Political Nihilism and the Rise of Koch Libertarianism
One thing that strikes me from Nancy MacLean’s Democracy in Chains: The Deep History of the Radical Right’s Stealth Plan for America is the way that James Buchanan and the Kochs and their cadre worked to cultivate in people a sense of political nihilism and self-interest in order to make their “stealth plan for America” more feasible. It came as a surprise to me that people have not always thought about politicians as self-interested actors but as civil servants, since, as a child of the Reagan Revolution, I was raised to think about government as something I should be suspicious of. The suspicion, MacLean makes clear, is not just of government’s capacity to work for public interest, but of the motives of those who work for public interest. MacLean documents how “public choice theory” as developed by James Buchanan encouraged people to think of politicians as self-interested where their interest is chiefly to be re-elected. The problem the “radical right” faced was how to achieve their tax-free dream when politicians, driven by their self-interested, supported efforts of historically powerless groups to achieve equality through government support and protection of labor, education, and the environment. By casting these groups as “special interests” and politicians as concerned with their own selfish ends, rather than the good of the community, Buchanan and the Kochs and their team were able to shift the views of the average American from the general respect of government and its capacities, and a general recognition that historical inequalities had to be put right, to seeing politicians as untrustworthy and those seeking rectification for wrongs as undemocratic leaches of the public purse.
My work has long been focused on how changing people’s conception of political life can change the way we live together and pursue justice. MacLean makes a strong case for how the way people think about government today was part of an ongoing project that threatens democratic governance and makes corporate special interests the chief beneficiaries of this suspicion. In so doing, she opens the possibility that people could think otherwise.
The nihilism that MacLean describes, where no one can be trusted to act for the sake of what is right or just, extends beyond politicians to two other areas in ways that make it especially difficult for us to have a sense of a shared community, a shared view of even of what is true or good for the community. As MacLean shows, environmentalists and scientists who raise concerns about global warning were cast by these folks as self-interested, ironically by people who were being heavily paid by the Kochs to cast such aspersions of self-interest. A recent study of the 3% of studies that maintain that climate change is false shows that these studies all select for their results in ways that are themselves suspicious. The view that scientists themselves gain from these arguments contributes to the sense that no one can be trusted to speak the truth, that everyone has an agenda. Raising the specter of doubt around science has had more far-reaching consequences that just failure to act on climate change, though that would certainly be bad enough on its own. One can trace the anti-vaxxers, for example, to this same skepticism.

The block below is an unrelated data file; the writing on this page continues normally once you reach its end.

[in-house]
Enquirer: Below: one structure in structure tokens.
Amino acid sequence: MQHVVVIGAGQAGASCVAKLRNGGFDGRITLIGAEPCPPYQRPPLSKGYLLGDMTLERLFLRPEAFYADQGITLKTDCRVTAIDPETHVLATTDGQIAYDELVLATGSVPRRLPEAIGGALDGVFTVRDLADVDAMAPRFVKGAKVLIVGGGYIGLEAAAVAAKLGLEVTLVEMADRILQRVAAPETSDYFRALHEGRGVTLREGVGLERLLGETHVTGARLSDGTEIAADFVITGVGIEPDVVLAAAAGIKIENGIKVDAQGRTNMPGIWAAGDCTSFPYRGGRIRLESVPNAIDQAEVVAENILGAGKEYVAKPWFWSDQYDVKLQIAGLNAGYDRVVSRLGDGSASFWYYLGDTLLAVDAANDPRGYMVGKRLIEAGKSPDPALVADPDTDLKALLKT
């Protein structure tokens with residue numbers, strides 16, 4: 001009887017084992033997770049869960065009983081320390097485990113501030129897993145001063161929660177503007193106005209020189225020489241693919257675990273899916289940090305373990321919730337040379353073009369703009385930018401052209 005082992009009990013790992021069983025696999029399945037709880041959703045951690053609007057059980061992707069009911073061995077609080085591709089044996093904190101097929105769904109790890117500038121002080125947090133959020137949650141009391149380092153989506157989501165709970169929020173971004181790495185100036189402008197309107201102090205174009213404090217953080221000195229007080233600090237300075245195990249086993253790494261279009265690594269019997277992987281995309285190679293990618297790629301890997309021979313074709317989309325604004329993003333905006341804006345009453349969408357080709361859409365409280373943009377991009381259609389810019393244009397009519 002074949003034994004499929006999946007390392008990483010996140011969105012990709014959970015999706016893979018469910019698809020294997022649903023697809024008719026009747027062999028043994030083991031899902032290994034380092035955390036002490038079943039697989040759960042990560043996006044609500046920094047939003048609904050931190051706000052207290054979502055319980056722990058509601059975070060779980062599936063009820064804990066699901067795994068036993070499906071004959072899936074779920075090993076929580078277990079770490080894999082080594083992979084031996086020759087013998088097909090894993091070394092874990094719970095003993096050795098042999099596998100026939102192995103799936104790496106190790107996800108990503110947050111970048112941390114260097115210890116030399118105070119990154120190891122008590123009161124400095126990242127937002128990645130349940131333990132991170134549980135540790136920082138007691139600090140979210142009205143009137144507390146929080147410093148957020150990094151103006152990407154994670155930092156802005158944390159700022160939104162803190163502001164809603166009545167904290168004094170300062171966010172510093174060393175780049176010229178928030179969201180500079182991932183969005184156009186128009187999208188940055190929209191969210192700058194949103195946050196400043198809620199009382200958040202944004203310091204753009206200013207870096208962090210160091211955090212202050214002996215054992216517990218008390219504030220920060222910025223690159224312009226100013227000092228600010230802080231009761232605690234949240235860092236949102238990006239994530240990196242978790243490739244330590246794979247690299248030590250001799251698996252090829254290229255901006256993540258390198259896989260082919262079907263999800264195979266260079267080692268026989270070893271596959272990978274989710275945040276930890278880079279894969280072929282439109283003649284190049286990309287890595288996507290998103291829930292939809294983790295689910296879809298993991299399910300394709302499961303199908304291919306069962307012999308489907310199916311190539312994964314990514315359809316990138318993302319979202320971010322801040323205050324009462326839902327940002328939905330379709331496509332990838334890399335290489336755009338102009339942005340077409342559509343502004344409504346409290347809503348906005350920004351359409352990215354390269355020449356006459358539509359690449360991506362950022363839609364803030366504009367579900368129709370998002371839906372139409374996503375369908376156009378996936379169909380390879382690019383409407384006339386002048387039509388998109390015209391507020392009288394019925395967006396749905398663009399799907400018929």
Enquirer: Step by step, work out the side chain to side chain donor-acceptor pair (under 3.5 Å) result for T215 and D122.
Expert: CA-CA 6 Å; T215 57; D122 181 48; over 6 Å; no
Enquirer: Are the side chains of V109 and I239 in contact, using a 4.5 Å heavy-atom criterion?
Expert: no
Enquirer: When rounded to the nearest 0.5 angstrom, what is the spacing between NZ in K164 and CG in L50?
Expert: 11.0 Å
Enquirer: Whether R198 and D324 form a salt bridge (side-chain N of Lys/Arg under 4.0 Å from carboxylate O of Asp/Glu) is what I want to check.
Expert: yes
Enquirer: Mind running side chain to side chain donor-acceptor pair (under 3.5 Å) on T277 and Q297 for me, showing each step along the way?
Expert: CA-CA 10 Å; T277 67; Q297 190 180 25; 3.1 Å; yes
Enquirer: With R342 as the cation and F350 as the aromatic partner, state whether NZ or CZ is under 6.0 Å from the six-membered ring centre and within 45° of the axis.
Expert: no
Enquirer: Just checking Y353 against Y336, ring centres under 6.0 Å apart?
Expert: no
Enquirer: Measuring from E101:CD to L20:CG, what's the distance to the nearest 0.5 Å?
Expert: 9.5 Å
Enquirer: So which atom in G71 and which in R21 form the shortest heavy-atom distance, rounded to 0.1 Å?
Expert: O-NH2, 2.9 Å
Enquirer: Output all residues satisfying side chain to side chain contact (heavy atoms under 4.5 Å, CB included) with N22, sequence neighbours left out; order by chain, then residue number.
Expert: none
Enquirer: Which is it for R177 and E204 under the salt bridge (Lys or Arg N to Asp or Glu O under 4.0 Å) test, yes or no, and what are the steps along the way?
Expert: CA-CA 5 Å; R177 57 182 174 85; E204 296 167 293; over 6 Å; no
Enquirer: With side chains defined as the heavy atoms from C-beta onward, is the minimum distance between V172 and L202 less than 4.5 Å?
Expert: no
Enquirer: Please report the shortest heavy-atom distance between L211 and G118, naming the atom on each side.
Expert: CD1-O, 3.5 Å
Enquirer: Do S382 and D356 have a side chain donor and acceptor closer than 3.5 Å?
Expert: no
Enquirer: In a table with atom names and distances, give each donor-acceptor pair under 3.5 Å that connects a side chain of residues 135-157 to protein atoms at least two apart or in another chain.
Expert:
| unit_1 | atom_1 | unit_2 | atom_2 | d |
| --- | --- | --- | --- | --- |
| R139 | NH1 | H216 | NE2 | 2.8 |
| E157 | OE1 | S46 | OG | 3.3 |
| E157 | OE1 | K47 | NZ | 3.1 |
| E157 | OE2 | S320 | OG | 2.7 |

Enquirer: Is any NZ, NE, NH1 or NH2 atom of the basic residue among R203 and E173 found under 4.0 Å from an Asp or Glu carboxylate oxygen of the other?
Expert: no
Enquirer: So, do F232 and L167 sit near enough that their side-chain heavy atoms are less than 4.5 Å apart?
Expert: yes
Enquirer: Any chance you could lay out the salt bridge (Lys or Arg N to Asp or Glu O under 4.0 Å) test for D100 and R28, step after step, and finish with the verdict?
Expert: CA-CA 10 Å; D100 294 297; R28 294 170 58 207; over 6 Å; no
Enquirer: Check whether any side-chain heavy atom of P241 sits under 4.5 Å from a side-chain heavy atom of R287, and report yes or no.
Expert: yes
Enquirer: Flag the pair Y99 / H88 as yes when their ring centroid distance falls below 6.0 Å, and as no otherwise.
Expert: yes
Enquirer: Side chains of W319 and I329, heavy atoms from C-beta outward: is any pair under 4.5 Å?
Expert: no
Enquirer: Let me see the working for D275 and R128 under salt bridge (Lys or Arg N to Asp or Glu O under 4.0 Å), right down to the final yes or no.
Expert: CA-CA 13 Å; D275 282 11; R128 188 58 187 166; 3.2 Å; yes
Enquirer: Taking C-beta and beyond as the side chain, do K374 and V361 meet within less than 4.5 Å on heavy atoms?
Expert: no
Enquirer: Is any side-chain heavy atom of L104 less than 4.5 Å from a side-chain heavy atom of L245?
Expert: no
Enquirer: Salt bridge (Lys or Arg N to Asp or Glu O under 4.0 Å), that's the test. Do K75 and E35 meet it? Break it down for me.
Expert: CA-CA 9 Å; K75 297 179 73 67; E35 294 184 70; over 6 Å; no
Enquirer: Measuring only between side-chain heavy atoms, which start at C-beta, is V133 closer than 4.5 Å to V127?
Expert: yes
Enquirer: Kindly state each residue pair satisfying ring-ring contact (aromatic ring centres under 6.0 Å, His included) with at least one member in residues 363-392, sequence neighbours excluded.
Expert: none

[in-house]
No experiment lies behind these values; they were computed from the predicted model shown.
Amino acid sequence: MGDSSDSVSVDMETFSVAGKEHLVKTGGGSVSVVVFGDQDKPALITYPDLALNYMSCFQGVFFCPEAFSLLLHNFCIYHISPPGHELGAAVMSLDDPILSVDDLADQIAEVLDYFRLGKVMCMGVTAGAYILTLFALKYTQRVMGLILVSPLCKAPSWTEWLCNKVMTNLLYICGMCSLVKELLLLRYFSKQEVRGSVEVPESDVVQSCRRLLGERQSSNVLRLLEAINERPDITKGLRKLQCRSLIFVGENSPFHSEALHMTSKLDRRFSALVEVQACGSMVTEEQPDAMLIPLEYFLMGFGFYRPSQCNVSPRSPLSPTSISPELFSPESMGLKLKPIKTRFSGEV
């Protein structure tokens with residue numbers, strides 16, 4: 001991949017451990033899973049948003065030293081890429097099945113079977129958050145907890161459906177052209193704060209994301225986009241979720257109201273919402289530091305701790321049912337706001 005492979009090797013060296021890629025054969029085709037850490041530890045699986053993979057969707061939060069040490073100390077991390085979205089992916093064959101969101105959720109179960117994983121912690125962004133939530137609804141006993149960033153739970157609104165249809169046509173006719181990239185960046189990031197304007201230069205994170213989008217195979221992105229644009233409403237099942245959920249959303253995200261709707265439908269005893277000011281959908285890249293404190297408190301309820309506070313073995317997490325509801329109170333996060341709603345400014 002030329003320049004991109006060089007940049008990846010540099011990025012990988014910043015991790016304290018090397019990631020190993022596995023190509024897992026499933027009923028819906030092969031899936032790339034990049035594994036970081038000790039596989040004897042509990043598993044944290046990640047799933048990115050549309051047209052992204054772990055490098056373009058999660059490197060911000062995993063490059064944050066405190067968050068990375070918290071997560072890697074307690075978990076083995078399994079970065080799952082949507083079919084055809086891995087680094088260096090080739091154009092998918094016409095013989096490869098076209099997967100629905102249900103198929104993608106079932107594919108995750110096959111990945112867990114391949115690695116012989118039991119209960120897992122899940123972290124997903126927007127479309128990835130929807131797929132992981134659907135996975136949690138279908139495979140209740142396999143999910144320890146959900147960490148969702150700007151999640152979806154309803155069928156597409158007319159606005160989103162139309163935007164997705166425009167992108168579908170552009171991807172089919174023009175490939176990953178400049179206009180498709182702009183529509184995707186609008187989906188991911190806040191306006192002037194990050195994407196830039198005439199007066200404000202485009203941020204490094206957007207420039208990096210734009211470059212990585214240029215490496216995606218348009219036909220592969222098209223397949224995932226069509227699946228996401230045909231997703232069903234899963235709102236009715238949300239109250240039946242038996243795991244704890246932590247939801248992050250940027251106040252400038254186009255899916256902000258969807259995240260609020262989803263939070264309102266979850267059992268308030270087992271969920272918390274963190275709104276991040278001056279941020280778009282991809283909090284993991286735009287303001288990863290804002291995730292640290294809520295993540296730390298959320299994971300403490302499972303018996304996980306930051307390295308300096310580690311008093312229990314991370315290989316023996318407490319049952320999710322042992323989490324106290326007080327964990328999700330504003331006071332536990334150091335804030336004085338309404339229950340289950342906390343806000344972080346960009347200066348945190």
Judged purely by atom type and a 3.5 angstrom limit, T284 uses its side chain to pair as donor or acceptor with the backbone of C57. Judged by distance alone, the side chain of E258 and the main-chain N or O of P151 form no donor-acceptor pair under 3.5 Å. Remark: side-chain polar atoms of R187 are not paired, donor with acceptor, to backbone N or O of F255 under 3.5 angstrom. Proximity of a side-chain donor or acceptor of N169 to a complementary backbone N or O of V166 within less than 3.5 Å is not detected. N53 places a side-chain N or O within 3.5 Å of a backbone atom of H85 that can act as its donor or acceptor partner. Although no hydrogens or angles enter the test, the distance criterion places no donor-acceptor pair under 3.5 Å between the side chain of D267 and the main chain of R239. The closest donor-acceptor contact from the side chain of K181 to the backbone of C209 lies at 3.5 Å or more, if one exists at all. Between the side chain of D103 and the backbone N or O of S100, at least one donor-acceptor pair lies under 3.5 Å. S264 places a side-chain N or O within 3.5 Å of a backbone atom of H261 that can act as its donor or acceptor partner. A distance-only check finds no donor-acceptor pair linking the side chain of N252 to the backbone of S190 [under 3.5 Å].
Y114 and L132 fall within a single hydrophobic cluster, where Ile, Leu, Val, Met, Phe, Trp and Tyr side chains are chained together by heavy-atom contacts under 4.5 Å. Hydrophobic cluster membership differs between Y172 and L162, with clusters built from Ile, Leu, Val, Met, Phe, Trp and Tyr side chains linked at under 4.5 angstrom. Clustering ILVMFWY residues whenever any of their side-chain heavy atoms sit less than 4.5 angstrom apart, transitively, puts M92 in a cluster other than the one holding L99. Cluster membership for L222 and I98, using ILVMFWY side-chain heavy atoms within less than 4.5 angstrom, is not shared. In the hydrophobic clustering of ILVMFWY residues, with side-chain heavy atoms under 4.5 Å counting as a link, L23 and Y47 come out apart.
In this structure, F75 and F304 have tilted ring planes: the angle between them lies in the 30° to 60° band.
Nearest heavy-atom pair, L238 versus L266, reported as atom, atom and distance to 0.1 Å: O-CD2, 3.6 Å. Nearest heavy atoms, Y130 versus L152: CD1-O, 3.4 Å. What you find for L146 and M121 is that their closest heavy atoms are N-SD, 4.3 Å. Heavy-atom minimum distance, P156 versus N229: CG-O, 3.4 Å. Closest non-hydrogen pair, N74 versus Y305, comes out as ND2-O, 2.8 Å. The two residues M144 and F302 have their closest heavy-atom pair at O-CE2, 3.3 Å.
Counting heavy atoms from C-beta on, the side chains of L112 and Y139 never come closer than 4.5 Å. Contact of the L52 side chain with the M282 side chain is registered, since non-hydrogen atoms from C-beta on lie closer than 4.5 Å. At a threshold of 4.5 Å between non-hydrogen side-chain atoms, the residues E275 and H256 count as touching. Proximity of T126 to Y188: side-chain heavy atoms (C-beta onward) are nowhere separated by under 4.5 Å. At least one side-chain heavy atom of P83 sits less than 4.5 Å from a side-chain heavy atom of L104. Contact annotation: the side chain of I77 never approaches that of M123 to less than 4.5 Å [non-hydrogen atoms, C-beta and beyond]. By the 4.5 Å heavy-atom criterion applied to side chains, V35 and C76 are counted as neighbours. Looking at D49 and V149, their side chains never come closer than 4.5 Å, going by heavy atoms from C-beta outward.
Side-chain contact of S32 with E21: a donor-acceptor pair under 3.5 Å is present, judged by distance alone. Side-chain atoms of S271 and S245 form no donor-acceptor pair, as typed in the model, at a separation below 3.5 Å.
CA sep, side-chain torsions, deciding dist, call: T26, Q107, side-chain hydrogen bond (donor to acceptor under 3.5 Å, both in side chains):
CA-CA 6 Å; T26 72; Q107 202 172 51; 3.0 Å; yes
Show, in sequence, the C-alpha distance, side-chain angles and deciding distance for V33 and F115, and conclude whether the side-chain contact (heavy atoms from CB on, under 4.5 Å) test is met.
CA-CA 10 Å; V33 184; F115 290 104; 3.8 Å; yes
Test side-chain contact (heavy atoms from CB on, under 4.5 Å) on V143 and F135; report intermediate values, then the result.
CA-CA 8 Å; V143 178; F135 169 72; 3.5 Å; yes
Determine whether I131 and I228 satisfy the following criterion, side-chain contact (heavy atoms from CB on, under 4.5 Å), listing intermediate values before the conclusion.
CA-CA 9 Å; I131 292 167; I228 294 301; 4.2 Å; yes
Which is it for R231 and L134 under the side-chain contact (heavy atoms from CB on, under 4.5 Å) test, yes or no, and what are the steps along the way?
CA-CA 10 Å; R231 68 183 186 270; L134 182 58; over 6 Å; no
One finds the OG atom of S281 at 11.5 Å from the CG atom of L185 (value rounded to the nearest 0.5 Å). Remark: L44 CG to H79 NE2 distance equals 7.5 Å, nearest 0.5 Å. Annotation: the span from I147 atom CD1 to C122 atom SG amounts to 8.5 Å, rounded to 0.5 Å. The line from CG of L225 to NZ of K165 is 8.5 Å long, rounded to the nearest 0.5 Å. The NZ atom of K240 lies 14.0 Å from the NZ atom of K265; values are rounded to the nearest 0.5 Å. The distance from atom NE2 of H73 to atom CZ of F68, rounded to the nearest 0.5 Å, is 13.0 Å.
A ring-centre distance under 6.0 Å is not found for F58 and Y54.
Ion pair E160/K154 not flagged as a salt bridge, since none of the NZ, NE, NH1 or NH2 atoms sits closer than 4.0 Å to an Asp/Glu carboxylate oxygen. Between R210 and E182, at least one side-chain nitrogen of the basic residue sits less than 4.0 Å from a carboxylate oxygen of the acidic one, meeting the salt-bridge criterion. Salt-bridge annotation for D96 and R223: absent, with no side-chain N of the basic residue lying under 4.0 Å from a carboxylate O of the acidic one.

Education is the third sphere into which the “radical right” has infused skepticism of motives, as if public school teachers and bureaucrats are making anywhere near the kind of money that the heads of corporations who want to run the privatized schools do. This skepticism of public school teachers that suggests that they aim to indoctrinate school children and should not be trusted is far-reaching. But MacLean argues that the roots of the project to cast suspicion on educators comes from resistance to desegregation in the Virginia following Brown V. Board of Education. More recent efforts to shrink public funding for education depend on the arguments that government cannot be trusted to do anything well, and ultimately, that government officials are concerned only with their own well-being. Little evidence that privately run schools with less regulation do better drove these arguments, and that evidence remains scarce (though if you search google for this information your first hits will be from Koch funded sources–the Heritage Foundation–or the University of Chicago). As MacLean argues, the evidence does not matter for those who do not want the government to offer any public services at all, including ensuring education for all children and consumer protections of basic utilities.
MacLean’s book offers an account of a now familiar strategy: produce conditions in which you can justify policy because of how people act within those conditions. Then argue that people act that way according to nature, ignoring or hiding the ways that you produced those conditions that you now call natural. Then say that those conditions must be secured and further perpetuated because they are necessary because of human nature. The ways that people act within those conditions now having been naturalized. Human beings are selfish so we need a system that depends for its success on people being selfish. Government needs to be limited because politicians are self-interested, though you have motivated their self-interest by describing them in this way that makes possible contenders and their constituents think this is the case until it comes to be the case in which case their selfishness must be limited. To break the hold of this “natural” order of things, we need to resist the nihilism about political life, about science and about public education that have become legitimate–in the case of politicians almost clichéd–positions in public discourse.